ON THE SET: Lee Isaac Chung directs Steven Yeun and Will Patton in “Minari.” Courtesy of A24

The only thing lovelier to us right now than all those vaccine card selfies? Lee Isaac Chung’s “Minari,” a Sundance darling and Golden Globe winner that’s set in rural Northwest Arkansas. It’s both a tough and tender film, and it’s placed Chung at the center of conversations around the 2021 awards ceremony season, for good reason. We interviewed Chung for the February issue of the Arkansas Times; find that conversation here.

The evening before “Minari” was officially released in February, the Arkansas Cinema Society hosted a premiere screening of the drama, followed by a Q&A with ACS founder and filmmaker Jeff Nichols. Gems from the film and from that conversation were many: the brilliance of the cast, clever nods to 1980s Arkansas culture (like the Michael W. Smith tune playing softly in the background of a forced conversation at a church potluck), the poetry in Chung’s explanation that the film’s namesake plant is one that peaks only after its second spring (I’m not crying, you’re crying), and the following exchange:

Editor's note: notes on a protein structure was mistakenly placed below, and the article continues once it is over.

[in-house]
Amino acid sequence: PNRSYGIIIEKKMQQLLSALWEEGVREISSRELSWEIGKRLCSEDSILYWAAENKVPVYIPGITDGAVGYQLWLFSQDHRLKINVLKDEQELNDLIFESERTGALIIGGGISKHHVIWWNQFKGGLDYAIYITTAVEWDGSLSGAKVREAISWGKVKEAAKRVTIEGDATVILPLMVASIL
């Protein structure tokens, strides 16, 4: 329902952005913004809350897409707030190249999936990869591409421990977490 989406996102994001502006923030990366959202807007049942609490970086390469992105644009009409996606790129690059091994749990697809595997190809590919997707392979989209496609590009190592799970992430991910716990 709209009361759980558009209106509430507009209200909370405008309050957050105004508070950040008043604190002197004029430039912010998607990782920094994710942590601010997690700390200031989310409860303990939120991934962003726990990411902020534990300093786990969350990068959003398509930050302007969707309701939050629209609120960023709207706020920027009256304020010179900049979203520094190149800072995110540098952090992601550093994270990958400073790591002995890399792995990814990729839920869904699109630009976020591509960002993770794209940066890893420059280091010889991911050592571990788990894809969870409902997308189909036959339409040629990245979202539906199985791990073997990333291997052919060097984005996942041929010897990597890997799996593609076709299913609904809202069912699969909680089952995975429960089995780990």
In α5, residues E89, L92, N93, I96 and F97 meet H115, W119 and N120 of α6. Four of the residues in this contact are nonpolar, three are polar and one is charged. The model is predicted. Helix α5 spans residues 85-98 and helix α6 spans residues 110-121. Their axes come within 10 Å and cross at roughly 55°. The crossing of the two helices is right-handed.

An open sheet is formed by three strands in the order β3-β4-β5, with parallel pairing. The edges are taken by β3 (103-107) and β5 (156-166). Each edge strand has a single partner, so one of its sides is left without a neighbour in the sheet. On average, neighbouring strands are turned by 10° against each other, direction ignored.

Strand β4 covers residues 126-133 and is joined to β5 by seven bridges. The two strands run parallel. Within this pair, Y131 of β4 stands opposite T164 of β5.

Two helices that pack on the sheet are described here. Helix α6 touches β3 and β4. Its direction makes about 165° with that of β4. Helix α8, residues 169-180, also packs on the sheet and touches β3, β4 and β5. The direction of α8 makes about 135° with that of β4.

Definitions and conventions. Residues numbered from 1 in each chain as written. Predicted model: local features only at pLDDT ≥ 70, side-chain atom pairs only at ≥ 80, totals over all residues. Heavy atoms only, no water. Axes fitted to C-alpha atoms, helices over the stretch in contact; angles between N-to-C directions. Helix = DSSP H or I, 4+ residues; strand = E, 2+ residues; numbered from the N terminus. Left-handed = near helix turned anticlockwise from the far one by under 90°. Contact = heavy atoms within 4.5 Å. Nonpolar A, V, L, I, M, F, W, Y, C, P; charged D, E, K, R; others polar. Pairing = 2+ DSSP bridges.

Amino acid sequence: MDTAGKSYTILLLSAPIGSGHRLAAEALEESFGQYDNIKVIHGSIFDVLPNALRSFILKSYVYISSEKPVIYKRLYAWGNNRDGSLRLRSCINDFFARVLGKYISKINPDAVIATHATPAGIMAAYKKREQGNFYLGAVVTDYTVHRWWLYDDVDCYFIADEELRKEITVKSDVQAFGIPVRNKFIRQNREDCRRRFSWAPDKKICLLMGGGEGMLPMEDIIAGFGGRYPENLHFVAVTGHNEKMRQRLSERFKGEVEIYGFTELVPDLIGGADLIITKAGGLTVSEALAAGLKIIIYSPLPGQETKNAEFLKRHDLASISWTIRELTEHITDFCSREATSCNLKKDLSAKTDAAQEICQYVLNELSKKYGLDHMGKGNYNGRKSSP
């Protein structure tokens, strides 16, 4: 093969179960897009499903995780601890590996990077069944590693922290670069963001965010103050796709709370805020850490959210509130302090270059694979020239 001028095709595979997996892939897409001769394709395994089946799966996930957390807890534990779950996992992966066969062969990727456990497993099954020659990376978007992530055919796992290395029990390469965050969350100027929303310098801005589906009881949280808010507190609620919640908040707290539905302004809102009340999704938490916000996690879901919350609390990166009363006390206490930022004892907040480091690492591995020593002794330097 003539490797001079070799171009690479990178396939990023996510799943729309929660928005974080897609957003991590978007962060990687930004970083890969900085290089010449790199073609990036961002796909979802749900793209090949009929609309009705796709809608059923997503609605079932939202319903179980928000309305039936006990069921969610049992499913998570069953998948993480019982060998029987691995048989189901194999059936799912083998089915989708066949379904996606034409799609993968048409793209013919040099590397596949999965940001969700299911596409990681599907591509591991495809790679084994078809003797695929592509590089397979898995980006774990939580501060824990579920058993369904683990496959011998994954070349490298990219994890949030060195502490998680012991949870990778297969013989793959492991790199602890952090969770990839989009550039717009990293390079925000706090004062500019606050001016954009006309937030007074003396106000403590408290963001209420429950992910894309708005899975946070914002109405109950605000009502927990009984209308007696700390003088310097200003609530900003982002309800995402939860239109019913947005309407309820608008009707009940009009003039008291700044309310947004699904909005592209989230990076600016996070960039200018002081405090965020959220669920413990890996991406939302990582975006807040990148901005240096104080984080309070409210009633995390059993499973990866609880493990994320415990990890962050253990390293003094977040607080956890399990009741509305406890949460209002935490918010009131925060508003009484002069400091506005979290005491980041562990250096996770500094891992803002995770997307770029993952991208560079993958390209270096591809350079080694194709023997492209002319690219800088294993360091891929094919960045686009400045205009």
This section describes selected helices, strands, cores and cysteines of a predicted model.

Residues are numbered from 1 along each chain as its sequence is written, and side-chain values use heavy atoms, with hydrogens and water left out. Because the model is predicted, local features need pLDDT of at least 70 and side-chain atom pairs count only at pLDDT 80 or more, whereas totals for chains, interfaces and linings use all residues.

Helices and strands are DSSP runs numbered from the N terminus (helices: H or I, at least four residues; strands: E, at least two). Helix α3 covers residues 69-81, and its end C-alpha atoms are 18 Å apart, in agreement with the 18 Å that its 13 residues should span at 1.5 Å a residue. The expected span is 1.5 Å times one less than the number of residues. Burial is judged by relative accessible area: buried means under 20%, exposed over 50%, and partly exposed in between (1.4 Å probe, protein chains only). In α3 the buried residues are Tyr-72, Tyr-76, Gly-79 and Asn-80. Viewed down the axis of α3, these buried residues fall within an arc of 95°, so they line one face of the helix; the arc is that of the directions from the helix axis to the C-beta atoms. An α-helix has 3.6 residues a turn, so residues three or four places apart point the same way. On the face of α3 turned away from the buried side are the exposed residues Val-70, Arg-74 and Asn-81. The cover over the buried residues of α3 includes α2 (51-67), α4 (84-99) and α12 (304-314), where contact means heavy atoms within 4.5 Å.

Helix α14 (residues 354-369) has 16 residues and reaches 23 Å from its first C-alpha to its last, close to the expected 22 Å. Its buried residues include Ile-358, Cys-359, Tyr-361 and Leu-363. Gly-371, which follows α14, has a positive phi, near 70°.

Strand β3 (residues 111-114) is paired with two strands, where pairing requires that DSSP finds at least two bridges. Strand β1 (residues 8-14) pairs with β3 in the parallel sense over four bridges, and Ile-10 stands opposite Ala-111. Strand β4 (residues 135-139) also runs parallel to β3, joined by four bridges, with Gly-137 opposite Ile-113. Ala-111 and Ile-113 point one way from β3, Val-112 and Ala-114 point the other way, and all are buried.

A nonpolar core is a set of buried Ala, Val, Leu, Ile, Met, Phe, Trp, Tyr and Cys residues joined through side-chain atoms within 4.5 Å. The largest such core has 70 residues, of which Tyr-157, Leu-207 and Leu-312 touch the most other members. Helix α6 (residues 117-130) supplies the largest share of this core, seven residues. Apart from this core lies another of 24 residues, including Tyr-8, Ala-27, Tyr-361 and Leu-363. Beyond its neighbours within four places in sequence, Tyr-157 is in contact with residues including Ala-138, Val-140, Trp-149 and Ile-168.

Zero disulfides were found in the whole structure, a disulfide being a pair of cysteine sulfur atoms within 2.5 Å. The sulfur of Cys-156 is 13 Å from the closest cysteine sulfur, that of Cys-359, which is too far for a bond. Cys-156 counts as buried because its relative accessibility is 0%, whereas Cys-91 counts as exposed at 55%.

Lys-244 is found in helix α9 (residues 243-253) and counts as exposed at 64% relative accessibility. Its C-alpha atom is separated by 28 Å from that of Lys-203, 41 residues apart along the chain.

Nichols: Part of the thing that thrilled me about your film is [that] I went into it expecting a lot of things, especially expecting, inevitably, for an Arkansan to show up  and be mean or bigoted or something. And that just never really came out. It almost feels kind of like the opposite — that the characters they encounter are actually almost always helpful. Like, even the banker. I was like, “OK, here it comes, here it comes!” This scene. … I’m curious: was that a conscious choice?


Chung: We felt like we were one with the town. We felt embraced by the town, and that’s the sort of thing I wanted to portray. I wanted to show that, you know, there’s so much more in common for us as people than we often think. 

A24, the film studio behind “Minari,” also partnered with ACS across the country to screen the film virtually as a ticketed event until Feb. 25, with a portion of ticket proceeds going to ACS, but those screenings sold out quickly. Luckily, A24 allotted a few more virtual screenings this week, which you can register for here.